Education officials scrap plan for religion crackdown

Auckland, New Zealand - The Education Ministry has backtracked on plans to issue guidelines that would have highlighted a ban on religion in state primary and intermediate schools.

The guidelines would have made it clear to schools that prayers or Christian karakia in primary schools would have been illegal in most circumstances under the Education Act.

But principals, Bishops and opposition MPs all criticised the proposed guidelines as unworkable and unnecessary.

A spokesman for Education Minister Steve Maharey today told NZPA the plan, which the ministry had developed independently, had been canned.

Last month the ministry said it had come up with the guidelines in response to a "modest stream" of complaints from parents.

The advice reiterated that religious education and observance were illegal in primary schools' normal hours under the 1964 Education Act.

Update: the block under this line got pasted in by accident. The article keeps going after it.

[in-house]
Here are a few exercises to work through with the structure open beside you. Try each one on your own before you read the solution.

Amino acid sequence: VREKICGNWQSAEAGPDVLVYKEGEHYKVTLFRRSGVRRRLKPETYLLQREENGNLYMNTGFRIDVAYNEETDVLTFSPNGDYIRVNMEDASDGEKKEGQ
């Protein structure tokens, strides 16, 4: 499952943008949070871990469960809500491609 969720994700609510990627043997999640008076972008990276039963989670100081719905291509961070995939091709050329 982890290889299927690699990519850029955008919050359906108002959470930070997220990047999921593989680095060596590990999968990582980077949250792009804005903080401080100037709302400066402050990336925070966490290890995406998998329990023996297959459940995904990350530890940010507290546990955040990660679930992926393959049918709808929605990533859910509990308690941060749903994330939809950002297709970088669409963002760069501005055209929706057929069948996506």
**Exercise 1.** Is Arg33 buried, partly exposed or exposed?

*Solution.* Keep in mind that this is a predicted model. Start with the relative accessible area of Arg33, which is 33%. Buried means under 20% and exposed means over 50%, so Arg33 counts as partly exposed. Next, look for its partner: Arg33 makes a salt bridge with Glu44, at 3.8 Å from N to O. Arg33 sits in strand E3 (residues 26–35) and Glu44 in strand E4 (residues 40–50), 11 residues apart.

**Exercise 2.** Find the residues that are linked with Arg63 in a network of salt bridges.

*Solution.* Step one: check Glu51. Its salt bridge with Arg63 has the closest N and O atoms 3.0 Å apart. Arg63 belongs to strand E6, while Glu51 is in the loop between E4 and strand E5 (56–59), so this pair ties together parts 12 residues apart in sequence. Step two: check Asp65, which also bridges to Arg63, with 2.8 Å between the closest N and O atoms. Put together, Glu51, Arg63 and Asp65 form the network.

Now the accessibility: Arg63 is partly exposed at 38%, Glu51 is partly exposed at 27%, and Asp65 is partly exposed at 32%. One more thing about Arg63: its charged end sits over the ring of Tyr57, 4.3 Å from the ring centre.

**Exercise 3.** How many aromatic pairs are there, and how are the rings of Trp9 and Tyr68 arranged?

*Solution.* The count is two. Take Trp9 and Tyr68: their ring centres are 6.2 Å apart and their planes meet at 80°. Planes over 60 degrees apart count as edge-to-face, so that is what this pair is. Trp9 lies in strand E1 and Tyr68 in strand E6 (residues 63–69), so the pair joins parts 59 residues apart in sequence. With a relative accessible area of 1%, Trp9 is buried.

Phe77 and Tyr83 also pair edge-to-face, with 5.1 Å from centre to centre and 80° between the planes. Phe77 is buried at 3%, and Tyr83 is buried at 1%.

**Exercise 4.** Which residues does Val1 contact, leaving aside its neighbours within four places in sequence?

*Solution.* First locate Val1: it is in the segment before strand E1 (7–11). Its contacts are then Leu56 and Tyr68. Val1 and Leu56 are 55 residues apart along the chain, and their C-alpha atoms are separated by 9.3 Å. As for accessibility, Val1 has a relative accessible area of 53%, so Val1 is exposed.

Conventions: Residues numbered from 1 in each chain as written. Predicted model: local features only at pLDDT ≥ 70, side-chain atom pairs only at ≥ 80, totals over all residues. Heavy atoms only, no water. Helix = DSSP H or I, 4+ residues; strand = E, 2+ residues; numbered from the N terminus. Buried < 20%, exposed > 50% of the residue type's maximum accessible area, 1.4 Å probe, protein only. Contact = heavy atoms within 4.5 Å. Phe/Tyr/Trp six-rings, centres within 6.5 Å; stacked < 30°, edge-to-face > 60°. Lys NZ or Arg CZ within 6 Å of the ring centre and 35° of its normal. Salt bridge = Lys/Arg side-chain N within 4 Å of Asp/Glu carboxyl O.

Since 1877 such activities have only been able to take place on a voluntary basis, when normal classes are closed.

Education Ministry senior manager Martin Connelly said the new guidelines clarified schools' legal obligations under the Education Act.

It also proposed a change so students no longer had to be formally excused from religious activities. Instead their parents would have to request they be included.

The guidelines said "whole of school" religious activities, such as prayers at assemblies, should be avoided as they may put indirect pressure on pupils to participate.

A briefing paper presented to MPs said overtly religious karakia were okay in kura kaupapa as long as parents were advised they were part of the institution's special character.

This was because they were inextricably intertwined with Maori culture and custom.

It was also accepted that the teaching of Maori culture to other primary students could also have an element of religion as long parents were warned in advance.

Officials said the guidelines were merely advice, but schools were still free to make their own decisions.

However critics said the guidelines were confusing and decisions should be left to schools and their communities.